NOPD Dismisses Recruitment Leader In 5 Days After Fast-Tracking Appointment

NEW ORLEANS — With the NOPD struggling to attract new officers and boost sagging troop strength, the recruitment division has become one of the department’s most important.

And one of the most troubled.

Earlier this year, a critical report from federal monitors led to the removal of the civilian director of the unit, and more recently, the unit’s police commander was transferred while under internal investigation.

Now a third leader of the Applicant Investigation Unit has been removed under a cloud of controversy. Keia Stepter held the post for only five days before she was dismissed, civil service records show.

Stepter’s initial application to become the new civilian director of the recruitment division was so strong, she was hired under an emergency appointment at an increased salary due to her “extraordinary qualifications,” according to the emails about her appointment.

Just five days after getting a tour of police headquarters and being introduced to other NOPD commanders, Stepter was fired because the Civil Service Department determined that she didn’t meet the job requirements after all.

Stepter began work June 6 as the Civil Service Department was still reviewing her paperwork under the fast-track appointment, according to the records.

One of the qualifications for the job is six years of professional experience after college graduation. While Stepter’s resume didn’t list her graduation date, her college transcript shows she graduated in 2014, making six years of post-graduate experience impossible.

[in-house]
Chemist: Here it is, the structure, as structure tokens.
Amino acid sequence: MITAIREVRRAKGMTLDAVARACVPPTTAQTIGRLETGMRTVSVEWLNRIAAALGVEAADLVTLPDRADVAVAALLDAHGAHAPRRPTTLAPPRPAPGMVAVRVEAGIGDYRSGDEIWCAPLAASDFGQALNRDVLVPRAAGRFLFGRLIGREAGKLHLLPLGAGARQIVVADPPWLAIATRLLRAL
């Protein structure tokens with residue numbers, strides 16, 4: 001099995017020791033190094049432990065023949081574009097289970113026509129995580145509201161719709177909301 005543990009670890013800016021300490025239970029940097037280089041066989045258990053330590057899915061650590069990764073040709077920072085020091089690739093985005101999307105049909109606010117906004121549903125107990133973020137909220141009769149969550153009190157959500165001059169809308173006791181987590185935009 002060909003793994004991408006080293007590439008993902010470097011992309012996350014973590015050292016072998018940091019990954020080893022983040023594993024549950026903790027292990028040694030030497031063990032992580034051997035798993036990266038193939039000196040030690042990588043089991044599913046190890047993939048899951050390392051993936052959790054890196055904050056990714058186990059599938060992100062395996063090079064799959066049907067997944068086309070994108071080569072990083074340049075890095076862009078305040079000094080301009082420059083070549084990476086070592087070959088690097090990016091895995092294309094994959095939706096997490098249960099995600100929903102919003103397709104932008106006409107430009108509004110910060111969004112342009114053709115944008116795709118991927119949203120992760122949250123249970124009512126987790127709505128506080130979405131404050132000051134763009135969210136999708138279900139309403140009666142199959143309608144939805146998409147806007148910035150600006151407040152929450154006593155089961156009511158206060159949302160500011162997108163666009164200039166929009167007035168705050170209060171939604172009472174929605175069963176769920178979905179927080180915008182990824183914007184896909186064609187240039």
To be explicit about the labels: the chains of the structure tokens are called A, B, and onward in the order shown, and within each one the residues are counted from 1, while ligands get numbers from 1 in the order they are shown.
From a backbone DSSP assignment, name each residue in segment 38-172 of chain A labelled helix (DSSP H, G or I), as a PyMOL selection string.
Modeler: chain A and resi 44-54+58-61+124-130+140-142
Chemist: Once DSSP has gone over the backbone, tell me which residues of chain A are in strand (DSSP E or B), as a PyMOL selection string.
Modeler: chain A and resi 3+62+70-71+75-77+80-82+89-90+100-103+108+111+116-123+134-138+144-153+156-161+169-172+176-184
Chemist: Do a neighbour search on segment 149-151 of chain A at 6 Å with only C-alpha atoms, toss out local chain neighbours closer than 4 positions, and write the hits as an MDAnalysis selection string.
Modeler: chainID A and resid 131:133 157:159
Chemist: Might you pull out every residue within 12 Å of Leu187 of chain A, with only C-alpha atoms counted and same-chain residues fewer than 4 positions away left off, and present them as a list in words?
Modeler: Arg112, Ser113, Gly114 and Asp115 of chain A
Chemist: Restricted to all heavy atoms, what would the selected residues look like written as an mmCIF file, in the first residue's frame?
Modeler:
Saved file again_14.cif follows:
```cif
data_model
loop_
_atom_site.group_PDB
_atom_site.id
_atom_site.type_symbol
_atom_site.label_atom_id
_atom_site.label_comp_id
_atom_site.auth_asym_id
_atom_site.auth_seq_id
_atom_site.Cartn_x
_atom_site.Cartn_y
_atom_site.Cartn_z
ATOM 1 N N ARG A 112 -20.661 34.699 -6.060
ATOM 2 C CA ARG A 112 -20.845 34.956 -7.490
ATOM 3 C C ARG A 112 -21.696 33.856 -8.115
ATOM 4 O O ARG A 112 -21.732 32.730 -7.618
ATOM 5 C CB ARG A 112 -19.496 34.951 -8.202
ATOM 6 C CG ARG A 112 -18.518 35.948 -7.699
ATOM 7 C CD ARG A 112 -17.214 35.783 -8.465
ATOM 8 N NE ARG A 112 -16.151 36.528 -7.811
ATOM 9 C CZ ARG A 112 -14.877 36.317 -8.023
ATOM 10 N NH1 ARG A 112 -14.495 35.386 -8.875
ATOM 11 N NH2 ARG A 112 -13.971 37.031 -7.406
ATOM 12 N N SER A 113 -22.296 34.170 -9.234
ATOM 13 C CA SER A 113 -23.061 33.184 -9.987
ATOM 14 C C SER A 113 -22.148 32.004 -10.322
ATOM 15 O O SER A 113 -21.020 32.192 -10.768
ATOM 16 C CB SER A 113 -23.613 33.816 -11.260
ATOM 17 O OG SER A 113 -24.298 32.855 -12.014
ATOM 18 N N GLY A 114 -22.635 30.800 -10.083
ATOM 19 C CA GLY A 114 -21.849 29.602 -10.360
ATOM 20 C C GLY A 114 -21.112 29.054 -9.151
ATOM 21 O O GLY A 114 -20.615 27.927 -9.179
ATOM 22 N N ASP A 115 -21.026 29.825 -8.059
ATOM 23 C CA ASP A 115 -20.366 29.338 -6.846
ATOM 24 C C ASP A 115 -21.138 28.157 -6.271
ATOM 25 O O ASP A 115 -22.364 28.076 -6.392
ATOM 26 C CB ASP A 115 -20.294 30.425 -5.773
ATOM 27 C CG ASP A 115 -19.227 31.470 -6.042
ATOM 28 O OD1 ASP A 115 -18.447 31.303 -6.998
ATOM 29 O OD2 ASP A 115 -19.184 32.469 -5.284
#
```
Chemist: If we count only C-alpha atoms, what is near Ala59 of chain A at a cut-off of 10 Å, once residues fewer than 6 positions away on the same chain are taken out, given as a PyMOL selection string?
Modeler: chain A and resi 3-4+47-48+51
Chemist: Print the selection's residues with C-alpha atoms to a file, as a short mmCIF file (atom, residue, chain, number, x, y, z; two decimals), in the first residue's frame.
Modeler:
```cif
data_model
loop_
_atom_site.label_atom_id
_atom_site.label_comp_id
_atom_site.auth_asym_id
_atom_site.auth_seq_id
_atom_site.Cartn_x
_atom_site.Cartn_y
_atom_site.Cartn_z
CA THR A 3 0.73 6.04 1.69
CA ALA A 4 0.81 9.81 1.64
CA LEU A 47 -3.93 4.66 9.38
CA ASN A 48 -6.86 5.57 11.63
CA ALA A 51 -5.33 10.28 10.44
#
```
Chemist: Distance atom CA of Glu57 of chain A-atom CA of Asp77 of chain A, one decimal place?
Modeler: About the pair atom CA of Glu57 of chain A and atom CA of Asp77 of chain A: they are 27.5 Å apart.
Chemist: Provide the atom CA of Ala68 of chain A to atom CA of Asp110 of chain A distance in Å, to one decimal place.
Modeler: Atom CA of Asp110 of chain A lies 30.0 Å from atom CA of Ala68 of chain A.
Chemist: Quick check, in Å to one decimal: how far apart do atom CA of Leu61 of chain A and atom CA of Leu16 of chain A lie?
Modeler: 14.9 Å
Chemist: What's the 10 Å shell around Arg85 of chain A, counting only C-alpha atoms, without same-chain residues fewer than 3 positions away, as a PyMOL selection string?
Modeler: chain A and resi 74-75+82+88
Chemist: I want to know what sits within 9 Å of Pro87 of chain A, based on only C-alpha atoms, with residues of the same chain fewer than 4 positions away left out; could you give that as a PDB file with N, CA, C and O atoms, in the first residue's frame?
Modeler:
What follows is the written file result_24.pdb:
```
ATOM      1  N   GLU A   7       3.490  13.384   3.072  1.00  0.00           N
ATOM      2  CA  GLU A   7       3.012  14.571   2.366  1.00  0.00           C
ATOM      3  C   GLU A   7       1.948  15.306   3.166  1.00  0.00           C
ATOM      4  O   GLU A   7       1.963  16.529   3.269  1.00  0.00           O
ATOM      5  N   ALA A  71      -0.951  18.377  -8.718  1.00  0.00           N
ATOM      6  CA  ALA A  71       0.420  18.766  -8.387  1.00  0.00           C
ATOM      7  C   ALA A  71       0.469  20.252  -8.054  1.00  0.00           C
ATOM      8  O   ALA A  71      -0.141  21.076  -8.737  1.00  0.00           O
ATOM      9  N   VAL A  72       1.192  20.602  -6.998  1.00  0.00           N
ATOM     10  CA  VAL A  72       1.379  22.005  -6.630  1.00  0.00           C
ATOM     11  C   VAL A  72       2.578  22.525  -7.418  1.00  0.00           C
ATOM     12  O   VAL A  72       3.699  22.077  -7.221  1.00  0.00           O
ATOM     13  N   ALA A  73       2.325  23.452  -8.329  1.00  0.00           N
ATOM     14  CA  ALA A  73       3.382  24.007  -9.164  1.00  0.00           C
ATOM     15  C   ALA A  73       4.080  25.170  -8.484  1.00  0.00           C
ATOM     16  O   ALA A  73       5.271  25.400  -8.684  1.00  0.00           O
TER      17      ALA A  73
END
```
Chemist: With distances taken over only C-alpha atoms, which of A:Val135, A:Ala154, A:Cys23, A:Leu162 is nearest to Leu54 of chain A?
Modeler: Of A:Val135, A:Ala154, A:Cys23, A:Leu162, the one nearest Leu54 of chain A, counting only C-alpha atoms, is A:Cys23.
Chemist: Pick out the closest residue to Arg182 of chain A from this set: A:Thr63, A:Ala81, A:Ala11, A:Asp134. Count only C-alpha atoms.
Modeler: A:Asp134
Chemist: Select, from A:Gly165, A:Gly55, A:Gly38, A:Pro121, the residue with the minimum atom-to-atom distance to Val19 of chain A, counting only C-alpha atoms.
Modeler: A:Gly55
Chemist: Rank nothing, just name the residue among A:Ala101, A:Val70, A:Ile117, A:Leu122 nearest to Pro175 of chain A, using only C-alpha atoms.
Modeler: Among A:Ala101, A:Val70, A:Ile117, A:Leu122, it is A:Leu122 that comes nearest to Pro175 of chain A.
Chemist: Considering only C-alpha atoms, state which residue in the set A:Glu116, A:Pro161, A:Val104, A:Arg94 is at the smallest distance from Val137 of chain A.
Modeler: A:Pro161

“Apparently they were more interested in getting the position filled quickly than getting it filled properly,” said PANO President Michael Glasser. “That would be the problem. I think the next selection better be scrutinized a bit more carefully.”

After Stepter received a letter telling her of her dismissal, she wrote an email lobbying to keep the $68,000-a-year job. But Deputy Director of Civil Service Amy Trepaigner wrote back that Stepter erroneously answered questions about her experience when she stated she had 10 years of experience after receiving her college degree.

In her email, Stepter said she “misread the question.”

Fraternal Order of Police attorney Donovan Livaccari said that despite the urgency to ramp up hiring, the NOPD needs to be more careful in filling this important position.

The first civilian commander, former Deputy Chief of Staff Jonathan Wisbey, was transferred out of the police department in February after a scathing report about the performance of the unit.

Court-appointed federal monitors, working under a sweeping federal consent decree to improve deficiencies at the NOPD, found that 59-out-of-137 police academy recruits “had documented risk indicators without a corresponding explanation as to why or how those risk indicators were overcome.”

The police commander of the unit, Lt. Carlton Lewis, was transferred in May to a district patrol position due to an internal investigation by the Public Integrity Division. PIB continues to look into a complaint that Lewis had improper contacts with female applicants, an allegation that his attorney flatly denies.

Livaccari said the NOPD needs to make certain that the next person hired to lead the unit is impeccable.

“These missteps need to be avoided in general if we’re going to make any progress in hiring,” FOP Attorney Donovan Livaccari said. “They need to stop, gather themselves, and figure out a sure course of action. It’s more important to get it right than to get it done tomorrow.”

NOPD Communications Director Michael Tidwell issued this statement regarding Stepter.

“Ms. Stepter was hired as an ’emergency appointment’ from the qualified applicant pool listed on the Civil Service register, to expedite her employment while her credentials were being verified. Unfortunately, Civil Service ultimately determined that she was not qualified for the position — necessitating her termination.”

Stepter declined comment.


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